Aperture Coupled Patch Antennas in Portable Wireless Electronic Devices
When an extra layer of dielectric substrate is added to a patch antenna structure, it forms an aperture coupled patch antenna.
In an aperture coupled patch antenna, the power in the feed line is coupled to the antenna patch through the aperture in the ground plane.
When designing an aperture coupled patch antenna, the width and length are design parameters for setting the impedance and frequency of operation, respectively.
Patch antennas are widely used in wireless electronic systems
In portable wireless electronic systems, patch antennas are widely used for transmitting and receiving signals. These antennas are lightweight, low-profile, and low-cost, with inherent narrow impedance bandwidth. However, today’s wireless communication systems require higher frequency bandwidth for high speed and large volume data transfers. Instead of conventional patch antennas, aperture coupled patch antennas are used to satisfy these advanced requirements.
Aperture coupled patch antennas have high radiation efficiency and gain compared to directly-fed patch antennas. Additionally, aperture coupled patch antennas have a higher number of design parameters than conventional directly-patched antennas, which makes designing them more flexible.
Let’s explore these antennas and their advantageous characteristics.
What Are Patch Antennas?
For mobile and cellular communications, patch antennas are commonly used. These antennas are specially constructed, low-profile radio antennas that are capable of increasing an antenna’s radiation ability while reducing transmission line radiation. They are simpler to manufacture, cheaper to fabricate, and easier to modify post-fabrication than conventional antennas.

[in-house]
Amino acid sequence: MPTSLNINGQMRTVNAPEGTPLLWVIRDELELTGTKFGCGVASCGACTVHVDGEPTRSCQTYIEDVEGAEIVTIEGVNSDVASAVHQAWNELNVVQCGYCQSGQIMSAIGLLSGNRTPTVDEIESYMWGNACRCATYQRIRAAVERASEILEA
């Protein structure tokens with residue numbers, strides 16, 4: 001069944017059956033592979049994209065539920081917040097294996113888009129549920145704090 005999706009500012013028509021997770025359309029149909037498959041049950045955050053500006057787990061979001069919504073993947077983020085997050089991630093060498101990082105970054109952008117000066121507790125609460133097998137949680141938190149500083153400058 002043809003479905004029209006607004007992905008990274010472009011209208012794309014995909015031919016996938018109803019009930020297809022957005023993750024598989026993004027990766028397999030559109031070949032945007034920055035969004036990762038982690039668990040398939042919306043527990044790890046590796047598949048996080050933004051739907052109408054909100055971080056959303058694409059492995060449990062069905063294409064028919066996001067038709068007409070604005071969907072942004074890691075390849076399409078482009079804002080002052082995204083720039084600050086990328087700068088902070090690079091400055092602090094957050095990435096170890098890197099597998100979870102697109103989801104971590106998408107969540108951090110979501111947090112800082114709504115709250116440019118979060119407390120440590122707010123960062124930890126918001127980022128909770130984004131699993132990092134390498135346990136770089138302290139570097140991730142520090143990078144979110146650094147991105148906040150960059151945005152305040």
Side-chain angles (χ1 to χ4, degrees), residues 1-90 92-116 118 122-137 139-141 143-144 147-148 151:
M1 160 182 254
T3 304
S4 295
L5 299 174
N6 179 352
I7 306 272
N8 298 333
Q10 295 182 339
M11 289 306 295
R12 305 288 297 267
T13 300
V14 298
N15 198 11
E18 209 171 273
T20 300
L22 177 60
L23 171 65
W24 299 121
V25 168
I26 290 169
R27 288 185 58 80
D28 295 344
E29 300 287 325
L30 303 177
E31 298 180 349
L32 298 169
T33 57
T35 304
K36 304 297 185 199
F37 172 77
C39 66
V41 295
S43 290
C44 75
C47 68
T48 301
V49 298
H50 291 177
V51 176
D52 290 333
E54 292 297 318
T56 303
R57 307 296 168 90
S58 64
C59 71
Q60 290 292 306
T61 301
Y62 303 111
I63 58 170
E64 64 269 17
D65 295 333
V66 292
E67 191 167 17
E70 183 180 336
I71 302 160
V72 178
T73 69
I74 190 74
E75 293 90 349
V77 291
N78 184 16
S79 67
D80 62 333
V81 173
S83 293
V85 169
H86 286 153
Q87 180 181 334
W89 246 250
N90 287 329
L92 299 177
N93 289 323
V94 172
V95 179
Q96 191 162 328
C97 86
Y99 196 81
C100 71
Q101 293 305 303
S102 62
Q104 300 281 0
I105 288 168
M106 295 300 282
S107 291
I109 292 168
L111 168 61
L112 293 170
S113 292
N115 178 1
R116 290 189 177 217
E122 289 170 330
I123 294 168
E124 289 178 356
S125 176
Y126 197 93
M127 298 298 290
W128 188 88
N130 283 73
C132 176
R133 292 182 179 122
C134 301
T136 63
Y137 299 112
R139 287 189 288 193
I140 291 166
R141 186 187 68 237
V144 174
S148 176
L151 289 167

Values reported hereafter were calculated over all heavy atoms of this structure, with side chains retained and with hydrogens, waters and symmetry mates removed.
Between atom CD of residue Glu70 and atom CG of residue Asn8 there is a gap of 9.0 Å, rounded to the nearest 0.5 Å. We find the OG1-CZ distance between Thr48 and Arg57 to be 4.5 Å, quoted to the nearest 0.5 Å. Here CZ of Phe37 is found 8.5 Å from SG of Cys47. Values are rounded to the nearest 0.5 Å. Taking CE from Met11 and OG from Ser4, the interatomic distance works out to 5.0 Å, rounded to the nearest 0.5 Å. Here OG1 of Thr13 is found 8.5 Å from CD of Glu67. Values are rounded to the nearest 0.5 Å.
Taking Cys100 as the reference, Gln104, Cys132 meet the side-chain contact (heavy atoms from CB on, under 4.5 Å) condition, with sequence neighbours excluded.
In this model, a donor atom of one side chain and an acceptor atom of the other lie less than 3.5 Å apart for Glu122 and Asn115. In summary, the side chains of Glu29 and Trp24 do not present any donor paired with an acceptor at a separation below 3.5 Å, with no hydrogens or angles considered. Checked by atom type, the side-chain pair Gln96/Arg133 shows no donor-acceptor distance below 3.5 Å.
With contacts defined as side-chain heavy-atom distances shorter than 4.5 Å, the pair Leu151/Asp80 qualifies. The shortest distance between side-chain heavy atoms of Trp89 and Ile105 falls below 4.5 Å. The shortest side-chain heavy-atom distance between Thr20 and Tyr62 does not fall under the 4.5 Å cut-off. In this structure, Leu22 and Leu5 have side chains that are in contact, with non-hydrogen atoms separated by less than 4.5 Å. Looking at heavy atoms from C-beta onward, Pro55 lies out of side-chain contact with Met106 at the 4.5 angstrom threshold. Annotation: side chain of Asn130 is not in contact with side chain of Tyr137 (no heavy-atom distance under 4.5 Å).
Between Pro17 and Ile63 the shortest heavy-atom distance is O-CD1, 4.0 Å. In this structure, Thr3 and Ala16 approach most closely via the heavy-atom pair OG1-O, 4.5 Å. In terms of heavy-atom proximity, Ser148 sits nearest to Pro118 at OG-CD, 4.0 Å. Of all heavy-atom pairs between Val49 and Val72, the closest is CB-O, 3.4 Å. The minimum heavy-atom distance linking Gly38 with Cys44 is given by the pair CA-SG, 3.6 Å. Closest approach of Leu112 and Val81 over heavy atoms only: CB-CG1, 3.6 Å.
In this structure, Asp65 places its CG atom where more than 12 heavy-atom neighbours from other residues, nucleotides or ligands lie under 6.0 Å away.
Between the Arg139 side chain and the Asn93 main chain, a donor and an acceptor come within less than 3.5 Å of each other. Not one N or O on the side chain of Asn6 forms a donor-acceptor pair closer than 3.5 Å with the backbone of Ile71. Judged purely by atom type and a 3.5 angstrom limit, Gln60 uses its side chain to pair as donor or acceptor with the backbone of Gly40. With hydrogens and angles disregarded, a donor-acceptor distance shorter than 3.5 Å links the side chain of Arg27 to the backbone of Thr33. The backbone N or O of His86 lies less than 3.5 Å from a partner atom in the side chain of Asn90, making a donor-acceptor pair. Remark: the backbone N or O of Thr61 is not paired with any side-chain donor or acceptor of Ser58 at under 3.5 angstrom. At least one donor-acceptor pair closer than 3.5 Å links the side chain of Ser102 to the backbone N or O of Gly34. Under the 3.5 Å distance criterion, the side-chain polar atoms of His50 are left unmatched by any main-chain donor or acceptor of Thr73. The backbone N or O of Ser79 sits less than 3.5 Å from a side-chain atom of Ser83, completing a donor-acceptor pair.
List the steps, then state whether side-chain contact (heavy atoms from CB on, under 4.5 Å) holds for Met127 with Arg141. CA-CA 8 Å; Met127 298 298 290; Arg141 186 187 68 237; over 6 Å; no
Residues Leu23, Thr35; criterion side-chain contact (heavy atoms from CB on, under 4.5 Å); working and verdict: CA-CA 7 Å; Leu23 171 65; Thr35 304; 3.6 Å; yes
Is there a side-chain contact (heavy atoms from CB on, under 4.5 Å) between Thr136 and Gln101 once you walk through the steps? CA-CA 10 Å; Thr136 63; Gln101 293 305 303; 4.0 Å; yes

Patch antennas consist of two metal sheets, known as patch and ground planes, respectively. In patch antennas, the ground plane is a large metal sheet placed beneath a layer of dielectric substrate. A transmission line is placed on the dielectric substrate and the flat sheet of metal forming the patch is used to cover the top of the substrate. Patch antennas are usually flat, rectangular in shape, and mounted to flat surfaces.
While these antennas are widely used, for some applications requiring higher frequency bandwidth, aperture coupled patch antennas are a better choice.
Aperture Coupled Patch Antennas
Aperture coupling is a non-contact type feeding technique in antennas, enabling power transfer between the feeding line and patch via a coupling mechanism. When an extra layer of dielectric substrate is added to the bottom part of a patch antenna that contains the feed line, it transforms the antenna into an aperture coupled patch antenna.
An aperture coupled patch antenna consists of two dielectric substrates: antenna substrate and feed substrate. The patch is mounted on the antenna substrate, whereas the feed line is attached to the feed substrate’s bottom part. The ground plane separates the two parallel substrate layers.
Placing the feed line below the ground plane shields the antenna from parasitic feed line radiations and parasitic electromagnetic coupling. This placement of the patch and feed line also allows the independent optimization of both parts. The power in the feed line is coupled to the antenna patch through the aperture in the ground plane.
In the next section, we’ll take a look at a few of the advantageous characteristics of aperture coupled patch antennas.
Aperture Coupled Patch Antenna Dimensions and Characteristics
The dimensions of an aperture coupled patch antenna play a significant role in defining its characteristics and performance. Each dimension influences a parameter of antenna characteristics. For example, the width of an aperture coupled patch antenna determines the input impedance of the antenna. As the width of the antenna decreases, the input impedance increases and vice versa. Likewise, the length of an aperture coupled patch antenna influences the operating frequency. The length and frequency of operation share an inverse relationship. As the length increases, the operating frequency decreases and vice versa.
When designing aperture coupled patch antennas for specific applications, the width and length are design parameters for setting the impedance and frequency of operation, respectively. By adjusting these values, it is possible to achieve the required input impedance and frequency of operation. Cadence AWR software can help in designing and optimizing aperture coupled patch antennas.
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